In addition to those listed above, South Buffalo is also home to a number of smaller parks. Many of them are part of the Buffalo River Greenway, an "emerald necklace" of small parks and green spaces along the shores of the Buffalo River. Aside from Seneca Bluffs, listed below, and the aforementioned Red Jacket Riverfront Park, the Buffalo River Greenway includes   Mutual Park, located at the foot of Hamburg Street in the Old First Ward and boasting a neighborhood historical museum, a riverfront promenade and small amphitheater, and the best views of Elevator Alley you can get outside of a boat, as well as   Buffalo RiverFest Park, which, as its name implies, is the setting for a three-day celebration of Buffalo's waterfront history each June.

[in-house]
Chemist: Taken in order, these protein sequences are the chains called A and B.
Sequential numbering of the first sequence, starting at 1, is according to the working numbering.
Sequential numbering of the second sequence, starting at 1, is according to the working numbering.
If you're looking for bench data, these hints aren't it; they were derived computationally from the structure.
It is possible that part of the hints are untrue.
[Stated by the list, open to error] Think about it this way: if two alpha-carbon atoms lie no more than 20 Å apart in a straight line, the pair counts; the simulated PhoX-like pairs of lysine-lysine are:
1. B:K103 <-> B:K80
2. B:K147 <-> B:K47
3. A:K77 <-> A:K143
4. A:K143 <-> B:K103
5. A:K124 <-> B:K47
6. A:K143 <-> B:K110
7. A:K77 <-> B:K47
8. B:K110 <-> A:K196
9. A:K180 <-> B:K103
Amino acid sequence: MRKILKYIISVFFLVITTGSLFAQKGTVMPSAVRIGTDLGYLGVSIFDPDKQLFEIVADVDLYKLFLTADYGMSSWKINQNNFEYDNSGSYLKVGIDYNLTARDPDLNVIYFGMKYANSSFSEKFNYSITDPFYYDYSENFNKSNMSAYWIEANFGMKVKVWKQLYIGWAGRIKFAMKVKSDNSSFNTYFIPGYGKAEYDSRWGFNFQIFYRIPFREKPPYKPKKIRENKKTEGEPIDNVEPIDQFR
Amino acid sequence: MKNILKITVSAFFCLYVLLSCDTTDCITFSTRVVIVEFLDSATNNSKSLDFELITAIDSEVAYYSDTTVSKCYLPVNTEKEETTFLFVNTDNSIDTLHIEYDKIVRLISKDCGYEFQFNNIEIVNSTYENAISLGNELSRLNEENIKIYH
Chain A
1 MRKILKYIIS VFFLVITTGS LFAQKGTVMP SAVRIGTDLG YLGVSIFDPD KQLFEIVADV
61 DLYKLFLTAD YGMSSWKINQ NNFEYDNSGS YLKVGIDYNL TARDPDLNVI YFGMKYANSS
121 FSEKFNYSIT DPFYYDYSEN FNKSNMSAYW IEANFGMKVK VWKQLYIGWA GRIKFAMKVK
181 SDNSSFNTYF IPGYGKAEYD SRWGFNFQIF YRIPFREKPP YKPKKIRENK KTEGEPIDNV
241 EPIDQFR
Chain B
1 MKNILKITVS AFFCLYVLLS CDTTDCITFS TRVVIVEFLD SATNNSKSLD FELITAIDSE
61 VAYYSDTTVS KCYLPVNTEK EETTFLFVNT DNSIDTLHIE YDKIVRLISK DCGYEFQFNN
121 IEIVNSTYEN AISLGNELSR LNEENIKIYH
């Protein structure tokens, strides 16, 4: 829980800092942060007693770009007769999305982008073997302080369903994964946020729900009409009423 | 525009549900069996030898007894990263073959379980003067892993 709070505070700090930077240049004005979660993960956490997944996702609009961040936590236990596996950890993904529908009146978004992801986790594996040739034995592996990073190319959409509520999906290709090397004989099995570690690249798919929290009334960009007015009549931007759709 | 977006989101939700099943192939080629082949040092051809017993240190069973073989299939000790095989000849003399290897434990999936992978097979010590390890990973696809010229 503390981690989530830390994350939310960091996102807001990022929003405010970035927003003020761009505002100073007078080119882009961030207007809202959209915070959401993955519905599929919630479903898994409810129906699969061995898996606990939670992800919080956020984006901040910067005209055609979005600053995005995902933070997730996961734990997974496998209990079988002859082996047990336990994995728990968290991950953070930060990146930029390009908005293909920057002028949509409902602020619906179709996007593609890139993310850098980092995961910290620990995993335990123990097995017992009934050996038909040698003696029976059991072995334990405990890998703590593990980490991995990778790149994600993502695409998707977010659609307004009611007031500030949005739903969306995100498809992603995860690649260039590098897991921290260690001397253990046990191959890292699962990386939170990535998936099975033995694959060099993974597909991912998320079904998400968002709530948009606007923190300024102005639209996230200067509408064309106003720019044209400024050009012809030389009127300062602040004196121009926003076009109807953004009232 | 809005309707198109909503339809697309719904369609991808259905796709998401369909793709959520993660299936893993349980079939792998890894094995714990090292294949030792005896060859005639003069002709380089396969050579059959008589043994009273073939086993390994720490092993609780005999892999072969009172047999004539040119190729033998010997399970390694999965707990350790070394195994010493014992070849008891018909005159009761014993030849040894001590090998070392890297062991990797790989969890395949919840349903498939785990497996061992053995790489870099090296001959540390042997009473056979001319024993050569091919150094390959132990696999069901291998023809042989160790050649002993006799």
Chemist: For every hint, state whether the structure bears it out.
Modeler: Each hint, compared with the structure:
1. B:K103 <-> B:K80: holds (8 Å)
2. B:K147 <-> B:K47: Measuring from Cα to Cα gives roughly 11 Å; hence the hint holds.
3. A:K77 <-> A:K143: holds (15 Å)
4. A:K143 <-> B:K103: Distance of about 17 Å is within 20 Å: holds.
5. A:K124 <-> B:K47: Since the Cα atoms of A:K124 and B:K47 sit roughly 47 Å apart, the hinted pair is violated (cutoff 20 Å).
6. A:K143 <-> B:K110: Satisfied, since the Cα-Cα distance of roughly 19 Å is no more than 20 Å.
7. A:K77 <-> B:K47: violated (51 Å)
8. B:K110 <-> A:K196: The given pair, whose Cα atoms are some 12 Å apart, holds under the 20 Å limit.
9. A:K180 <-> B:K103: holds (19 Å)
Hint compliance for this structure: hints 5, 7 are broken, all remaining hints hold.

Other parks in South Buffalo include   Conway Park, a pleasant expanse of ball fields, playgrounds and open lawns on the former site of the Ohio Basin, a vital link in the Old First Ward's 19th-century labyrinth of ship berths and canals, Seneca Indian Park, covered in the History section above, and   Heacock Park, a tiny Olmsted park whose significance lies not in its amenities but in its importance to Olmsted's design, as the northern hub of South Buffalo's parkway network and planned nexus with the northern parkways.

Nature preserves

A sunny September afternoon at Tifft Nature Preserve.